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Medicare Scam Phone Calls That Seniors Should Avoid
While we choose to believe in the good in people, itâs always best to be cautious just in case. Seniors receiving Medicare are commonly targeted by scammers who are on the hunt to steal identities, money, or more. Medicare scam phone calls specifically ramp up during Medicare Open Enrollment, which takes place annually, October 15 â December 7.
As we approach this important time, it is vital that you are aware of what Medicare scam phone calls are out there and what to do if you receive them, so that you can better protect yourself and your loved ones.
Are You Automatically Covered By Medicare At Age 65
Yes. If you are receiving benefits, the Social Security Administration will automatically sign you up at age 65 for parts A and B of Medicare. … Social Security will send you sign-up instructions at the beginning of your initial enrollment period, three months before the month of your 65th birthday.
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How To Prepare For A Call To Medicare
When you call the Medicare hotline, you will first be directed to an automated system. The automated system will give you some options and will collect information about your request.
If you would like to speak to a Medicare agent, a person is always available, though you may have to wait on hold. Make sure to call when youre in a comfortable position, and at a time when youre able to wait on the phone for a while if you need to.
Have these items or information handy when you call Medicare:
Attempts To Get You To Enter Sensitive Data Through A Website Link
With a little bit of effort, it’s very easy to make a fraudulent website appear legitimate. Sleek layouts, official logos, and well-written content are usually enough to convince the average person that a site is legitimate.
Unfortunately, all of that is easy to fake.
As we discussed, you should never click on a link that you receive from a suspicious email address. Even if you do, checking to be sure that the URL ends in “.gov” or “.gov/” is critical. Only legitimate government organizations can end their Internet address in “.gov” or have “.gov/” at the end. But remember: if “.gov” is followed by anything but a backslash, it’s likely to be a scam site.
If you still aren’t sure whether a website is legitimate, there’s a third workaround to check the validity: Simply cut and paste the address into a Google search and see what pops up. Often, people will have already posted about questionable or fraudulent people trying to contact them. Reading through these posts should give you a better idea as to whether you’re dealing with fraud.
While this method can be an easy way to identify fraudulent websites, it is not a reliable way to guarantee the site is safe. In other words, if you paste the URL into a search and no suspicious evidence is found, that alone is not enough to guarantee that a site is safe.
If you’d like to report fraudulent websites, you can visit USA.gov’s scam site here.
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Does Medicare Call Your Home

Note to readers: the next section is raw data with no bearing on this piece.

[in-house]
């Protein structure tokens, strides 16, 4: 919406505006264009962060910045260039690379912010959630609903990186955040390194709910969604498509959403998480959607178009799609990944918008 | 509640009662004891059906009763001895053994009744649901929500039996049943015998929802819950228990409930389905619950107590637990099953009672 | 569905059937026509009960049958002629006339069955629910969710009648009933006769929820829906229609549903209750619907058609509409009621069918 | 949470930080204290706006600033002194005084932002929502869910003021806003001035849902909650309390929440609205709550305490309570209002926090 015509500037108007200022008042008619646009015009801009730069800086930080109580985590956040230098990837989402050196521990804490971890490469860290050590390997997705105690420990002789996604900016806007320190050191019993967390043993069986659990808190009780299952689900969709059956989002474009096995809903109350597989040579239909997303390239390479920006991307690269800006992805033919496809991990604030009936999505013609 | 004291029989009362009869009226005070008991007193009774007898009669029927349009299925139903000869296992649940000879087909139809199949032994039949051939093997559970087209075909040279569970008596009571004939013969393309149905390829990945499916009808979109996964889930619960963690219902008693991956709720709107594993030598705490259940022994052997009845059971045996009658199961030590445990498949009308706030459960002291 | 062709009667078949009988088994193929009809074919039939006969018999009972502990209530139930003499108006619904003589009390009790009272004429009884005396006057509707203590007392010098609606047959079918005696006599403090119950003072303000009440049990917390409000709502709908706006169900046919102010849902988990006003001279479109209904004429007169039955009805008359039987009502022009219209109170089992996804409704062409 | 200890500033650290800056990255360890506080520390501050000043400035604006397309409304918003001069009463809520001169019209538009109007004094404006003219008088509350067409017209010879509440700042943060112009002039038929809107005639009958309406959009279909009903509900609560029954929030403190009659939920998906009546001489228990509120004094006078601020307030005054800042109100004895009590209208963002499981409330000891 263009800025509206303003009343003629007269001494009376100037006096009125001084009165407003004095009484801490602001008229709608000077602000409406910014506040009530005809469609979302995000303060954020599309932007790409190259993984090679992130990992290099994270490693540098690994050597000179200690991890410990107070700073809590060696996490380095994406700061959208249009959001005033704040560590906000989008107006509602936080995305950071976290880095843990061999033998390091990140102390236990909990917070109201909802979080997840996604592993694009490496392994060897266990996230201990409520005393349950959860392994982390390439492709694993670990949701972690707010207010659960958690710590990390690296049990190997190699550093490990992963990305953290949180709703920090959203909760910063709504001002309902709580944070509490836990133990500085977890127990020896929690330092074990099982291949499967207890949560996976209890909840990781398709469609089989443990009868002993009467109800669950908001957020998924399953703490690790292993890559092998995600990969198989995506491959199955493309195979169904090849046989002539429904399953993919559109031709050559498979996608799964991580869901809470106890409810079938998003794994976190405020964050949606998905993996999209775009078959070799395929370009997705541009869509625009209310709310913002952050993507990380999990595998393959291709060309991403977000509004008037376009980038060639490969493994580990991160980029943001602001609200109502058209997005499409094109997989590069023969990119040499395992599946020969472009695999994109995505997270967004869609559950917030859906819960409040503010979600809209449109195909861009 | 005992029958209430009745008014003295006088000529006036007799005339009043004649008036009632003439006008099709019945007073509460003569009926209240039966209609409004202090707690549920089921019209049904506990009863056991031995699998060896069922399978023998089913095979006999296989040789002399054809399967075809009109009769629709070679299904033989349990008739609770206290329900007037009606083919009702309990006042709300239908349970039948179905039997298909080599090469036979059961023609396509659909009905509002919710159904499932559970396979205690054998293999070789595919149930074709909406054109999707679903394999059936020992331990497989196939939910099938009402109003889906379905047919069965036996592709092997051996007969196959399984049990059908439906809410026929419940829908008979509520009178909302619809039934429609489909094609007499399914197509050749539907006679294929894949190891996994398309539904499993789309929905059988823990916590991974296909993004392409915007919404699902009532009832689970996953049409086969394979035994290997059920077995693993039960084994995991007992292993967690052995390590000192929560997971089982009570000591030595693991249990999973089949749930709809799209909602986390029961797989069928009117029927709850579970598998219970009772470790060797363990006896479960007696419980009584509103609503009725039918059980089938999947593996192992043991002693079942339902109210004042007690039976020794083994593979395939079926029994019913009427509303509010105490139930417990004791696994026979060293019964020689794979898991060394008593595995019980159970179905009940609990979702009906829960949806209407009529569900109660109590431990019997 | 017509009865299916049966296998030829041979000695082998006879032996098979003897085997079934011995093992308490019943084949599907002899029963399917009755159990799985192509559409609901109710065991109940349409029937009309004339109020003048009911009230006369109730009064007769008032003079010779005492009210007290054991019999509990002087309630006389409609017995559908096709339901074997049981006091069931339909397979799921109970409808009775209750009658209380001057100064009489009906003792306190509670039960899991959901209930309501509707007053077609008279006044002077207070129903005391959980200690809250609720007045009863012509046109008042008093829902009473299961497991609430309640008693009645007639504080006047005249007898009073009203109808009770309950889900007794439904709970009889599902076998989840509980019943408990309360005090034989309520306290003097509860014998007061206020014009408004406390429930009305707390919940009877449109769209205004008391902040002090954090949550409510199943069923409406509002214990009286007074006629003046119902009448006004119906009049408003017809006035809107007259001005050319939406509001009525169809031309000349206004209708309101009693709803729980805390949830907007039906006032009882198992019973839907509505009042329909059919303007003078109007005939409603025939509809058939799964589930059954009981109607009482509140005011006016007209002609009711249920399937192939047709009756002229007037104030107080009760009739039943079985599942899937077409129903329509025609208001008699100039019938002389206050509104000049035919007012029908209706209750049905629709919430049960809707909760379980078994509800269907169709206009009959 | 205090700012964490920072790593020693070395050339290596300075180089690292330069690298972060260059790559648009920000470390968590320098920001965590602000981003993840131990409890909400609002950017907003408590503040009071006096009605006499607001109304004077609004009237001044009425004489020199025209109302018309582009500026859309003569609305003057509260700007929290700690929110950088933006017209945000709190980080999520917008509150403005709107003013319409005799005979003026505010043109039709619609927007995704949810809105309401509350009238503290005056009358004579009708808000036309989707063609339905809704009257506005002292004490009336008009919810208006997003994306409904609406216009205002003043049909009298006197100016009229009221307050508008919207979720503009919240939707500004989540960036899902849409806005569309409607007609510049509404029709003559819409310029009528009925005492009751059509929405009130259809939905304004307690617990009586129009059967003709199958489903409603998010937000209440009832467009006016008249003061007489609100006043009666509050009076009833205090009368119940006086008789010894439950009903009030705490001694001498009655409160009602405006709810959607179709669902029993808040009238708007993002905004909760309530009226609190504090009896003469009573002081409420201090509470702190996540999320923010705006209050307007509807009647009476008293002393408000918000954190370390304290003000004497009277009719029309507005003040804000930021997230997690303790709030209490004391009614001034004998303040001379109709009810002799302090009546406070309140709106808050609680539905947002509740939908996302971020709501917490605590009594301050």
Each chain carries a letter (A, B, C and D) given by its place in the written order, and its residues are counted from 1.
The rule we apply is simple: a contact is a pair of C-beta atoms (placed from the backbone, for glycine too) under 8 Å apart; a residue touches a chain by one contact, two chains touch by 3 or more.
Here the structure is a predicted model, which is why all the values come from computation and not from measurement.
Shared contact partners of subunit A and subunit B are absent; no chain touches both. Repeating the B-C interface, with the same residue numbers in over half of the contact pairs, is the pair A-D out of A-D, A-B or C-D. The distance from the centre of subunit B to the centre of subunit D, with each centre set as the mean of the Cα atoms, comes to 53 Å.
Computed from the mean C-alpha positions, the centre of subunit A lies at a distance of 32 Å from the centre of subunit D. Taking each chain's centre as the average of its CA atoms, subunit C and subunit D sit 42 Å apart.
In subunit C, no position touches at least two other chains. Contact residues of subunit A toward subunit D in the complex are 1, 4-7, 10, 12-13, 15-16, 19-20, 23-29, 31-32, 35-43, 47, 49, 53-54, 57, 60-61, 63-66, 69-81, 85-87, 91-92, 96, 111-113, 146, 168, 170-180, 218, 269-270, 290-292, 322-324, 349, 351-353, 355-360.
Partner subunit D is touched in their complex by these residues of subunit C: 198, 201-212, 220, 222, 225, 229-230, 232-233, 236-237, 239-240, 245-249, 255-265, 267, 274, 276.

Spammers found a niche in claiming to be Medicare, so if you get a call from a person saying theyre with Medicare, you can guarantee its spam. You may also find that youll start getting spammy emails in your inbox if it sounds suspicious, it more than likely is! Please do not reply to any emails seeking personal information, and be sure to report it as spam immediately. You should never share your Medicare Identifier or Social Security number with a stranger.
If you get calls from someone claiming to be Medicare, get a name and phone number, and call Medicare to make a report.
Should You Carry Your Medicare Card When You Travel
Keep your Medicare card with you so it’s handy and secure in case you need it. Also, leave a copy of your health care insurance with a loved one so they can send it to you if you lose yours. You should also have your doctor’s contact information on you in case any questions or concerns arise while you’re traveling.
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Hard Facts About Medicare
Here are some important things for seniors to know about how Medicare and the Social Security Administration function.
- Medicare generally wont call you, except in limited circumstances. One such exception is if you have called 1-800-MEDICARE and requested a return call.
- Medicare will never call or come to your home uninvited to sell products or services.
- SSA representatives may call Medicare beneficiaries if they need more information to process applications for Social Security benefits or enrollment in certain Medicare Plans, but, again, this is rare.
- If a phone call is needed, youll receive an official letter from the SSA to arrange a telephone interview.
- Medicare cards do not expire, so be wary of someone saying they need to send you a new one.
- If your card is lost or destroyed, contact the SSA directly to request a replacement. If you think someone else is fraudulently using your Medicare card, then call Medicare directly at 1-800-MEDICARE .
Does Medicare Call You At Home
When enrolling in Medicare, you should be aware that neither Social Security nor Medicare calls you to get information. Should any issue arise in which Medicare or Social Security needs any information from you, theyll ALWAYS send you a letter to notify you. If youre getting too many spam phone calls, you might want to get on the Federal Trade Commissions Do Not Call list. Medicare beneficiaries are likely to receive phone calls once they become eligible for Medicare
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Find the most affordable Medicare Plan in your area